Ryan Gosling taught me two things about branding

Ryan Gosling shook my hand and taught me two things about your brand.

Yes, we talked, he shook my hand and a month or so later, I washed it.  And yes, he’s the last man I will likely ever see wearing a crop top in Whole Foods who can make the produce still look appetizing.

So what does a movie star have in common with your brand?  Plenty.


That is, if a brand is not just what you call yourself but what “they” call you.   You may not get stopped for your autograph, but if customers will schlep their dirty shirts to your dry cleaning biz only (and there’s three others on the block to choose from); and they thank you and tell their friends – congratulations you are their celeb. 
As in the dictionary definition:  “celebrity – to experience the state of being well known by others.”


When I met Ryan Gosling, while he wasn’t quite yet “The Hottest Actor Alive,” he had me at “Half Nelson” and I sincerely believed he was and would remain the best actor of his generation. So I, (not a celeb stalker and old enough to be Gosling’s mother), took my one shot to tell him so.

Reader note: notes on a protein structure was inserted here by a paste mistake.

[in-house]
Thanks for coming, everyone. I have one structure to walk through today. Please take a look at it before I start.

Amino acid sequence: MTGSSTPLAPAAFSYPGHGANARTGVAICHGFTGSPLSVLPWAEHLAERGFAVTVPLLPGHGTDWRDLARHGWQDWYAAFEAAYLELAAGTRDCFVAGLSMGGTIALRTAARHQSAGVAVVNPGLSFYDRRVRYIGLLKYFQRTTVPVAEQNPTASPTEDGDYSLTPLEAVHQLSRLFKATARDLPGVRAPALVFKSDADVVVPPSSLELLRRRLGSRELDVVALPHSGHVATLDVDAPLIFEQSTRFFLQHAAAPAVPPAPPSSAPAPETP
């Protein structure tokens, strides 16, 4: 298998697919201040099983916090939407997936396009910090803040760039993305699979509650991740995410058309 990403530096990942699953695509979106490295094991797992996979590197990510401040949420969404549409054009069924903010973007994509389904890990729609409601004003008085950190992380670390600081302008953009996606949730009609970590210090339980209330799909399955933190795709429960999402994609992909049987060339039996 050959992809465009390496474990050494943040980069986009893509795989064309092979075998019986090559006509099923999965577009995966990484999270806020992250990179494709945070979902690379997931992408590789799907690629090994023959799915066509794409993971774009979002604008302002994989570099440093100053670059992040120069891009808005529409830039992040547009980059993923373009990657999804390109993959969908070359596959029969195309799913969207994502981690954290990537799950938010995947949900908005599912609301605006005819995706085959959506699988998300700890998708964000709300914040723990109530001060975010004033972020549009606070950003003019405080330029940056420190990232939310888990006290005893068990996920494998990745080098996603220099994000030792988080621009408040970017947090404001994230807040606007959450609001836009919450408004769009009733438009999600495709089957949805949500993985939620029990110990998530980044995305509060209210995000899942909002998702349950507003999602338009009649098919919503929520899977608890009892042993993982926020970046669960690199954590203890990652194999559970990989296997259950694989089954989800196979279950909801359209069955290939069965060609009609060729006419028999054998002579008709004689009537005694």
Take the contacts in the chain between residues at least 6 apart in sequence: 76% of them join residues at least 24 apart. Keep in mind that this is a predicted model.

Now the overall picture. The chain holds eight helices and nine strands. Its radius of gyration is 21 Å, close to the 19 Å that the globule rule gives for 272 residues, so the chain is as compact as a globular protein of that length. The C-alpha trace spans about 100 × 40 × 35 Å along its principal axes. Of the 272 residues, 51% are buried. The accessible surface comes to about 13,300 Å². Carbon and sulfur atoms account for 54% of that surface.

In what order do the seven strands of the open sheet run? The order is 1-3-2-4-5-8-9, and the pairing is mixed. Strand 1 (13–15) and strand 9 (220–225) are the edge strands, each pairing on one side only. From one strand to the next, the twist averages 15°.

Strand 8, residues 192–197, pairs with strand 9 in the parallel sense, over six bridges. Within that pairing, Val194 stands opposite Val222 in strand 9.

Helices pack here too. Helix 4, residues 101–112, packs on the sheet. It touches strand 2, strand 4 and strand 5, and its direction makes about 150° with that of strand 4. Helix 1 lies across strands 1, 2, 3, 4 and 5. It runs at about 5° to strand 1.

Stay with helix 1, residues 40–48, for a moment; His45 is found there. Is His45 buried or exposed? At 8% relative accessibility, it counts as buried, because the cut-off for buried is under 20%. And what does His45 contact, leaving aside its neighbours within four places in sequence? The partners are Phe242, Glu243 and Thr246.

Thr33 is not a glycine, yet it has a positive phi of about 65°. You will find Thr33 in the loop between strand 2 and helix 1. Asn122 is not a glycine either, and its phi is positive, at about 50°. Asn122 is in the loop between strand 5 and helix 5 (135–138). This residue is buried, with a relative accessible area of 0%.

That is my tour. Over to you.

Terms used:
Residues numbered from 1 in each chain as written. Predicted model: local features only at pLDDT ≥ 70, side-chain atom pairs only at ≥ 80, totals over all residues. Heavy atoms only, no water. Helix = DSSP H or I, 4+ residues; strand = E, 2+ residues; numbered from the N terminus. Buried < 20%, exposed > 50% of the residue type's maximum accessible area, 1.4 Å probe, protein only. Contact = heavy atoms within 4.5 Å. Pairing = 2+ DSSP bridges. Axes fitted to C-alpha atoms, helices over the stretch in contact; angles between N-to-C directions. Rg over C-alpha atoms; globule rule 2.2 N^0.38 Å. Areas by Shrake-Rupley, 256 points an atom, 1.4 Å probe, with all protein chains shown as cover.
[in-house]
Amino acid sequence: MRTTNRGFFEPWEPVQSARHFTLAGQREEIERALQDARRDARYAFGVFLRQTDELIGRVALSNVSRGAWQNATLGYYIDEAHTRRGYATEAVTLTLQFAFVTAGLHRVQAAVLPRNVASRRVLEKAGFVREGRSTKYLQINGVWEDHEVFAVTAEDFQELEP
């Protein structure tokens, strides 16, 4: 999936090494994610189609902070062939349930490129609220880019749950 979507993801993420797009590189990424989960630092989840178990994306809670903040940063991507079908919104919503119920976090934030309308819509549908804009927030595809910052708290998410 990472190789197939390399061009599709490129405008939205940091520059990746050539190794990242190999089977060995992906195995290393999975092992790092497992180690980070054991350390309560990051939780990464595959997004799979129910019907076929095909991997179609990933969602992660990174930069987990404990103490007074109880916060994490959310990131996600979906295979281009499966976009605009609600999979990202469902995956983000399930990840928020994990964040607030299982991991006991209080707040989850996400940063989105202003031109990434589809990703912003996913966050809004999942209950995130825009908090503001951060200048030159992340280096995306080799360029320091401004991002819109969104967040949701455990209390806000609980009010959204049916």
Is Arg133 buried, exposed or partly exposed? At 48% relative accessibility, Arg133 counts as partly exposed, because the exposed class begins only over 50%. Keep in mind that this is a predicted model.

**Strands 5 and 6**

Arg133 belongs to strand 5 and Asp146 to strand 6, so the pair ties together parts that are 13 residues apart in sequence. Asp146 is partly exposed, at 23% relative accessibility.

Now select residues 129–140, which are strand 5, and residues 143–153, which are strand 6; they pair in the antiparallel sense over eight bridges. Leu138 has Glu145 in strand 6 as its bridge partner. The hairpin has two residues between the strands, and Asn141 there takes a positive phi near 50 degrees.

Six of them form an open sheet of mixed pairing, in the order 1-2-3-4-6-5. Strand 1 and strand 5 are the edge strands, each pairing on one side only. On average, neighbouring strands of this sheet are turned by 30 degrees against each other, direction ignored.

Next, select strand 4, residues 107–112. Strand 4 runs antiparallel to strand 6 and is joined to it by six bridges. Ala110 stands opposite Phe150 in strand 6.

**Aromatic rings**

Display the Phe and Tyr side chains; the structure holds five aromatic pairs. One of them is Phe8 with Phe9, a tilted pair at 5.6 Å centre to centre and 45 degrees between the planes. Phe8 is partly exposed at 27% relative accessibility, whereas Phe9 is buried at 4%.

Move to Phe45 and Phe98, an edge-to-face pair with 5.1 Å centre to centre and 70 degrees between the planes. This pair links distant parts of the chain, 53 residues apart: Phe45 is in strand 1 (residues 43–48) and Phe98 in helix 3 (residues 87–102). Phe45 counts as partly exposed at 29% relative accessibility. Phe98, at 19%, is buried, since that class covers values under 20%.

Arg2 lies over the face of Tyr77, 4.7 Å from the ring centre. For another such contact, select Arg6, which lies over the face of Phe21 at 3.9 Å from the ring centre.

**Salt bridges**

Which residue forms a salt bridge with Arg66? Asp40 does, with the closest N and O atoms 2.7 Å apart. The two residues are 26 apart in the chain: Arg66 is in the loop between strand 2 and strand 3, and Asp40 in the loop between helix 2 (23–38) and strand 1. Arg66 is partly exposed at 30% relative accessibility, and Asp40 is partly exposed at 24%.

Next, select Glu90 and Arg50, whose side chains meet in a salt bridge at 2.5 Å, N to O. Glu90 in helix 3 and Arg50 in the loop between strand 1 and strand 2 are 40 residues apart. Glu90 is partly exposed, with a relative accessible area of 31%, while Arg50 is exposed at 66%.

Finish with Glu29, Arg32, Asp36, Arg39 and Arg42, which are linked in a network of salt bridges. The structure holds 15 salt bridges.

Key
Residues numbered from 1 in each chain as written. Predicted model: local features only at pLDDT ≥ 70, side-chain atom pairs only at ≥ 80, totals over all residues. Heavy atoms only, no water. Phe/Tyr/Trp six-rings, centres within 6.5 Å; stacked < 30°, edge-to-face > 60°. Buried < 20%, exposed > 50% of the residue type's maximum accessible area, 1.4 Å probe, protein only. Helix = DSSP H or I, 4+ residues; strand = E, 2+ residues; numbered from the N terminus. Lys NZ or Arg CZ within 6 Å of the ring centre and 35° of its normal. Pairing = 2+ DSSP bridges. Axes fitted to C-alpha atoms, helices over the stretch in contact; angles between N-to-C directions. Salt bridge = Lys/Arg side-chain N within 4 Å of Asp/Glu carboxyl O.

“That is incredibly kind of you.” He stopped, genuinely surprised and present. “Wow. What is your name?”  I told him mine and in that instant his (with slight adjustment) was tattooed on my heart and mind.  Ryan Gosling became Ryan – “My Ryan.”  My dear friend and therapist promises it doesn’t make me clinically delusional that I also have this relationship with “My Whole Foods” “my accountant,” “my Pilates trainer and “my Nike.”

But it does make their brand strategies brilliant.   Whether conscious or not, they inspire me (and others) to know them, and feel “their brand” is about our humanity.  Their business is about turning their profits.  “I wasn’t just trying to be kind,” I told Ryan.  “I get that,” he smiled proudly reaching for my hand.  “ I sincerely hope I won’t let you down.”   “You won’t,” I assured him.  And I was right.  Why?

Because when we choose our brands, we root to prove our choices right.  Who doesn’t want to be both happy and right?  I’ve seen every one of Ryan’s films since.  I rave about the ones I love and forgave and literally forgot the names of the two that left me flat.  Such is the power of brand. 

Your brand is your businesses’ biggest muscle.  Here’s to your six-pack sans photo shop. 

If your brand core isn’t supporting your business growth, let me help you tighten it up so you can get on with it.  http://leahkomaiko.com/ 

Guest columnist Leah Komaiko is a frequent contributor to Monsters and Critics and helps business owners, authors and entrepreneurs with big ideas become iconic brands.  Her clients also include some of the world’s biggest brands. 







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